Friend skips: Farrell, Francona share bond

Pair were teammates with Indians, worked on same coaching staff in Boston

Friend skips: Farrell, Francona share bond

CLEVELAND -- Of course it has to be Cleveland where Indians manager Terry Francona and Red Sox skipper John Farrell will oppose each other in the postseason for the first time.

The seeds for one of the most genuine friendships in baseball were planted in the summer of 1988 when Farrell (a career-high 14 wins that season) and Francona (.311 batting average in 212 at-bats) spent their only season as teammates with the Indians.

Game Date Matchup Highlights
Gm 1 Oct. 6 CLE 5, BOS 4 video
Gm 2 Oct. 7 CLE 6, BOS 0 video
Gm 3 Oct. 10 CLE 4, BOS 3 video

Twenty-eight years later, their bond is only deeper even as they face off in a Division Series between the Red Sox and the Indians.

Prior to tonight's Game 1 (8 p.m. ET, TBS), when Francona is announced during pregame intros, he will reach over to the third-base side of home plate and greet his good friend.

Whichever manager wins this series isn't going to feel good about the pain the other one will endure.

"And it's tough when you're going to compete against one of your best friends. That's actually kind of hard, but I am so proud of him and happy for him, what he's accomplished," said Francona, who managed the Red Sox from 2004-11. "I kind of consider it an honor to actually compete against him."

They made it to the postseason for three of the four years (2007-10) they were together in Boston -- Francona as manager and Farrell as the pitching coach. As a tandem, they basked in World Series championship glory -- eliminating the Indians along the way -- in 2007. When Francona won the AL Manager of the Year Award in '13, Farrell finished second. That same year, Farrell's Red Sox won the World Series.

But their relationship has long transcended the game they love. When Farrell underwent his first chemotherapy treatment last August for Burkitt lymphoma, the Indians happened to be in Boston. Francona accompanied him for the daunting experience, keeping him loose with humor and making sure Farrell knew he was there for him.

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"We've shared a lot of personal things," said Farrell. "Whether it's health, off-the-field situations, in addition to the professional side of things. He's been a great friend. He has been very open and helpful when talking through certain situations. He's always been someone to lean on."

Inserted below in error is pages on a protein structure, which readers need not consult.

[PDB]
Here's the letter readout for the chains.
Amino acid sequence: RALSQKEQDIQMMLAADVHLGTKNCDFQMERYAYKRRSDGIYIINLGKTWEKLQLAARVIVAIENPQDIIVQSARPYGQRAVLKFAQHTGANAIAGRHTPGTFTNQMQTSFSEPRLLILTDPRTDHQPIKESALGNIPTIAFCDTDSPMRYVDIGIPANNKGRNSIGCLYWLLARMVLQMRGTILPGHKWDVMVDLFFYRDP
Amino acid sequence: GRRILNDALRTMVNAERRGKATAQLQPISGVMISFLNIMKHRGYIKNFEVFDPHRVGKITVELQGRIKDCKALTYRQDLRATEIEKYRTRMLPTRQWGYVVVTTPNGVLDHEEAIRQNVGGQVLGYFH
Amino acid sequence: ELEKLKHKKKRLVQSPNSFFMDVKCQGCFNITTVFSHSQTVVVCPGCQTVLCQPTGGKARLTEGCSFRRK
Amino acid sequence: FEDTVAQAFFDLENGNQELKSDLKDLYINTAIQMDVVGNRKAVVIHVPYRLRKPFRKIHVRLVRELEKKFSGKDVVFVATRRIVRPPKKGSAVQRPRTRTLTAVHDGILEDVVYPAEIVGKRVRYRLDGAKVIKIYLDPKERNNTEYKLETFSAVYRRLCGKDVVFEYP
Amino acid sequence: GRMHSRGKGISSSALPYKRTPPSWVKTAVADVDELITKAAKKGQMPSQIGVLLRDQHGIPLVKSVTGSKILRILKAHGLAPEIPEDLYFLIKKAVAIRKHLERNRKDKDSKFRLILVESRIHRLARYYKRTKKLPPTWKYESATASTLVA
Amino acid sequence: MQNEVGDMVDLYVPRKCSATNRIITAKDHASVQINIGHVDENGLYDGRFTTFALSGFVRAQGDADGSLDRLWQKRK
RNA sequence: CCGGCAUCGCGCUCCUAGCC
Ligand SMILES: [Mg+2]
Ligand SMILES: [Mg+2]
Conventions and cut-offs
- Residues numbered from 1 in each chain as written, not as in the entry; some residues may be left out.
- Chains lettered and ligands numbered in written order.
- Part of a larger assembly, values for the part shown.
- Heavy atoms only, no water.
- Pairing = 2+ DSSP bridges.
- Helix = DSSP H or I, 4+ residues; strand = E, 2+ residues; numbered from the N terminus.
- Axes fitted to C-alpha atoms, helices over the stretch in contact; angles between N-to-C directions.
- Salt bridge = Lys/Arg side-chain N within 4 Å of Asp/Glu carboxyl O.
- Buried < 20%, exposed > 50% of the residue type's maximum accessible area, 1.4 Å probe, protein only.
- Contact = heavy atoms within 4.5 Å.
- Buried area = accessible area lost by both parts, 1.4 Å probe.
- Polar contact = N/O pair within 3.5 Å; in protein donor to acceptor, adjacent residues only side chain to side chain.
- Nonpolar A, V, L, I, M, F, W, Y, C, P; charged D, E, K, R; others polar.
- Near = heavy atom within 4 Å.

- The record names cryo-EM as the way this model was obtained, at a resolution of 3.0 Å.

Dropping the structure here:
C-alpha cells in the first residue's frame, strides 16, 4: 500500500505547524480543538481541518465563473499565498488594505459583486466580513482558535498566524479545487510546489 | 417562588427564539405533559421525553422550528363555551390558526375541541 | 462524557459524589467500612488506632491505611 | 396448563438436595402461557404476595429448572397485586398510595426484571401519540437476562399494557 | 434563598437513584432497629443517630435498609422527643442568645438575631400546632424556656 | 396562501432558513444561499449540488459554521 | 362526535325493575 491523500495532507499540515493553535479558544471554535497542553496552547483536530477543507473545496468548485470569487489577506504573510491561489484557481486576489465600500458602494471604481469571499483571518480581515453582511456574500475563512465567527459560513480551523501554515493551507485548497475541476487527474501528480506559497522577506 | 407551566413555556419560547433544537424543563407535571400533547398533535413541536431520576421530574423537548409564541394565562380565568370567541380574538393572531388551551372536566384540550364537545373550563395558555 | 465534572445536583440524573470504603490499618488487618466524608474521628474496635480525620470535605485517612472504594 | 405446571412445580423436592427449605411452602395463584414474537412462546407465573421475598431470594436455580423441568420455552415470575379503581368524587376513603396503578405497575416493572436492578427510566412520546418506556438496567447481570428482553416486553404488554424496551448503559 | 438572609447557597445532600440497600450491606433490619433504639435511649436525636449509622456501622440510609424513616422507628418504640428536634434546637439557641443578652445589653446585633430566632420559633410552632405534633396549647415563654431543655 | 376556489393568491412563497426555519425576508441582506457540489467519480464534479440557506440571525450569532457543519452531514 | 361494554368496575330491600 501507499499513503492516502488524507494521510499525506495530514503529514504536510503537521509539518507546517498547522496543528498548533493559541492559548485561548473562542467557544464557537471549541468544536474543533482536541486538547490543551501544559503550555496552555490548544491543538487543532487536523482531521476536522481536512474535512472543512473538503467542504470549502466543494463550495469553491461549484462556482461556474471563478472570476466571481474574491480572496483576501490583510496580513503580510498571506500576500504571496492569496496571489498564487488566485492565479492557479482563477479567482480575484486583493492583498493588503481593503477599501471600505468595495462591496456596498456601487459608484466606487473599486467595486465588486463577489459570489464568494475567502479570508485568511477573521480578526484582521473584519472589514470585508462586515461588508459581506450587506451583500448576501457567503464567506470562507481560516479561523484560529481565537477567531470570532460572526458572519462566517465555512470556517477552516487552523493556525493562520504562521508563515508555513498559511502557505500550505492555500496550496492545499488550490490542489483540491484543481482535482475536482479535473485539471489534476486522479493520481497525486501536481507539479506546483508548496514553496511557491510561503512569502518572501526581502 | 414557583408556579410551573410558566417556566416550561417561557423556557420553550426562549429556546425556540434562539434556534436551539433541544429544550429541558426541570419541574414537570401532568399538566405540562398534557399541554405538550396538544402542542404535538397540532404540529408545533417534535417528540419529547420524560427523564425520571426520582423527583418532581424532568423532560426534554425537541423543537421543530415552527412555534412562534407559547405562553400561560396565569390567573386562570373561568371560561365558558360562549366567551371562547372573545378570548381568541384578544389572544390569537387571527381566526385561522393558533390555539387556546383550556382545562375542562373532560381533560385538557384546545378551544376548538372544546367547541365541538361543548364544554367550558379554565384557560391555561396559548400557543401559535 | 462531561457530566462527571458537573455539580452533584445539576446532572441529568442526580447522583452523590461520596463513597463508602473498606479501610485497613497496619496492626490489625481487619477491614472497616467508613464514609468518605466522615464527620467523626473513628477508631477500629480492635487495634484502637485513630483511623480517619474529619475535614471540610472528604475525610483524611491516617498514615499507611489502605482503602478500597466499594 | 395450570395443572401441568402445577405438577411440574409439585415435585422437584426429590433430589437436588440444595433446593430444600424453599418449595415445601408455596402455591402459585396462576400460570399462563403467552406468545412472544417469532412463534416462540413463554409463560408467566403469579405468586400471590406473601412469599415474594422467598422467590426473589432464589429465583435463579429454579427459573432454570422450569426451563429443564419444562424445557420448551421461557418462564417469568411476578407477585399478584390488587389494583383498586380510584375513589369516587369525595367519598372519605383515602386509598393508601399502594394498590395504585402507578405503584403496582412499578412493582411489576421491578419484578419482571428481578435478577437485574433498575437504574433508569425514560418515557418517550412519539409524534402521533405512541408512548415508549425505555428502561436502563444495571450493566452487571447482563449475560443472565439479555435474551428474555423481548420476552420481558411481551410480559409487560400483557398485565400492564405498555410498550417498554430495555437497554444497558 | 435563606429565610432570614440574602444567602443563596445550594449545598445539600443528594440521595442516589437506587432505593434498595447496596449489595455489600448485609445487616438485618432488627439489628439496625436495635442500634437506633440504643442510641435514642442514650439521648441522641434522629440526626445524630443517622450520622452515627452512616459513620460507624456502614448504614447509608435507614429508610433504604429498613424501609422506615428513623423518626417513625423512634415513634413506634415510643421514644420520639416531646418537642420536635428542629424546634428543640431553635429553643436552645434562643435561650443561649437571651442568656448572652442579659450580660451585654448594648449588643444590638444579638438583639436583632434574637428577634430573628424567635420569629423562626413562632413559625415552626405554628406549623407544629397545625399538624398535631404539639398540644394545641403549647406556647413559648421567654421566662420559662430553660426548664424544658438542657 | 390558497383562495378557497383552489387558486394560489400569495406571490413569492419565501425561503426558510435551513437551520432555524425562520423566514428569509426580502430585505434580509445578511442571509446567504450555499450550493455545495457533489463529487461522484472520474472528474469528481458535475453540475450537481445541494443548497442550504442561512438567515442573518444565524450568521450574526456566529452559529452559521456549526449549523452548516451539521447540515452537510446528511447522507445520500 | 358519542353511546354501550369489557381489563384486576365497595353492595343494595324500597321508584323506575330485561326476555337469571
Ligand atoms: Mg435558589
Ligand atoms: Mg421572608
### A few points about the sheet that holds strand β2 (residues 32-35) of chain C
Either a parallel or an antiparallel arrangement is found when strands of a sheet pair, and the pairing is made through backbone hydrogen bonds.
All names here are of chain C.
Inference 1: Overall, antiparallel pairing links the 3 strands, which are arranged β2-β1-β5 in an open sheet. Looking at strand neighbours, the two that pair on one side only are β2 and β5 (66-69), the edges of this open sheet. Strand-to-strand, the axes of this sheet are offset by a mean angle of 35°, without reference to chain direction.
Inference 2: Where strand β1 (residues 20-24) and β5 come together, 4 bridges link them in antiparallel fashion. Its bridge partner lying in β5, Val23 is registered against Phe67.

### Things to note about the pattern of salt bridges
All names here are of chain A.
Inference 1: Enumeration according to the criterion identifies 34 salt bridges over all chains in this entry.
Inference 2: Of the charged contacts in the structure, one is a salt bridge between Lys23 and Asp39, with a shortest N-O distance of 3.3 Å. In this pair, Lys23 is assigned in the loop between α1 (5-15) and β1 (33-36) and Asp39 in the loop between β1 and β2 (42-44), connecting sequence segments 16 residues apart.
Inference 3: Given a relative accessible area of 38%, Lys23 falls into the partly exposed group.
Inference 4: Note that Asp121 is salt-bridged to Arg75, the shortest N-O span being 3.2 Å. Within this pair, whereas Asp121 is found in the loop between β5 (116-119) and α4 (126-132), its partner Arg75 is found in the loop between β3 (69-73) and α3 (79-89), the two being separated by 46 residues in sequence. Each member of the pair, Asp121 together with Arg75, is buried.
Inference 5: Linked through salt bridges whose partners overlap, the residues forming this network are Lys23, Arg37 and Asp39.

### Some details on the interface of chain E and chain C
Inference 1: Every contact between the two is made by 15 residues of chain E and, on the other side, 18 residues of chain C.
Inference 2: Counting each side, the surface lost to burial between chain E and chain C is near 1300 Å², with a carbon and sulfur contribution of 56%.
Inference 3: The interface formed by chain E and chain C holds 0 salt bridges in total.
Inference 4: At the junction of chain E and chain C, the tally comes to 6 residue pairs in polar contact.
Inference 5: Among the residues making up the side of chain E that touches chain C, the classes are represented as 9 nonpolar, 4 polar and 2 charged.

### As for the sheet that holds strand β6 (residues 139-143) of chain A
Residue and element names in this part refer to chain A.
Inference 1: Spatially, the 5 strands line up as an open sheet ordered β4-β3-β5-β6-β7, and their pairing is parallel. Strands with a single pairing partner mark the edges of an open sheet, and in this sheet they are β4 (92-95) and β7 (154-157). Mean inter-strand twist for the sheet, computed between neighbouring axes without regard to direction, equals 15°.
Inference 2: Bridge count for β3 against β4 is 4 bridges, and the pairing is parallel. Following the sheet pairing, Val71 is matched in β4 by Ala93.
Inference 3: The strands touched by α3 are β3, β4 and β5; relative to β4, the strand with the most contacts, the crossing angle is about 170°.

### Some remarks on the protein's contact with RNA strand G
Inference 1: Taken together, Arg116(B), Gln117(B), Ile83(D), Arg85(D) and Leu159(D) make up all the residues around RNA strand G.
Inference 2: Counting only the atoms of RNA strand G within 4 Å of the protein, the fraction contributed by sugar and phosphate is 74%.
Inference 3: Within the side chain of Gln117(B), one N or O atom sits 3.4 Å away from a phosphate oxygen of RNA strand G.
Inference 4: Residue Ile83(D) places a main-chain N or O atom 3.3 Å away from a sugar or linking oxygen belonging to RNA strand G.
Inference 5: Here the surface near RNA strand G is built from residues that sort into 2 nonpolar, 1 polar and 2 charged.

Farrell has made his share of friends during his time in baseball, but it's safe to say where Francona ranks among them.

"He's at the top of it because of so many things that we've shared as teammates and on the same staff," said Farrell. "He's a great manager, and it would be crazy not to reach out to him when certain situations arise. I think, more than anything, if you're ever in need, it's always a phone call that will be taken and he'll help you in any way possible."

Francona and Farrell are the only Boston managers who have won World Series championships since 1918. Boston is a market that can carve a manager up with scrutiny, and Farrell had the advantage of watching how Francona handled every situation for four years.

What were Farrell's biggest takeaways from Francona?

"The way he dealt with the different personalities here. The way that he would pre-empt any situation that might become a big story in the media," said Farrell. "His ability to contain that from maybe growing into a bigger issue than it was. So his ability to manage a clubhouse, manage individual personalities and so many different types that were here during the four years together. He was a master at that.

"And then the trust that he puts in players. He never forgot how difficult the game is. And whether that was with players who might be going through a period of at-bats where there might be scuffling a little bit to understanding usage of a bullpen and how the confidence of a given reliever can be built and brought along."

The similarity between the managers is clear from the way they've answered questions about matching up with each other in this series.

"This game is still always about the players, and will always be," said Farrell.

"The one thing I think I need to be cognizant of is the players have worked so hard on both sides to get to this," said Francona. "I can't let my personal feelings ever get in the way or take away from what they've done. So, whatever my feelings are need to remain my feelings, and let the players have the spotlight. They've worked so hard for this. It needs to be about them."

While Francona and Farrell have similar values when it comes to leading a team, their difference in temperament is apparent to those who have played for them both.

"Tito jokes around a lot," said Red Sox second baseman Dustin Pedroia. "When the game starts, John doesn't joke around. There's not one way to be successful. Obviously John learned a lot from Tito when he was under him. There's a communication level that he learned from Tito that he carried forward."

For the next week or so, the friendship will take a backseat to the competition. But no matter how the series goes, it will be business as usual for the two men after that.

"I cherish my friendship with him, to the point where you confide in one another, even in the darkest moments during stretches of the season where things aren't going well," Farrell said. "I can't say enough about the guy. I've spent a lot of time with him in many different settings. I have a tremendous amount of respect for him, and the teams he puts together. But we'll have time for friendship later."

Ian Browne has covered the Red Sox for MLB.com since 2002. Follow him on Twitter @IanMBrowne and Facebook. This story was not subject to the approval of Major League Baseball or its clubs.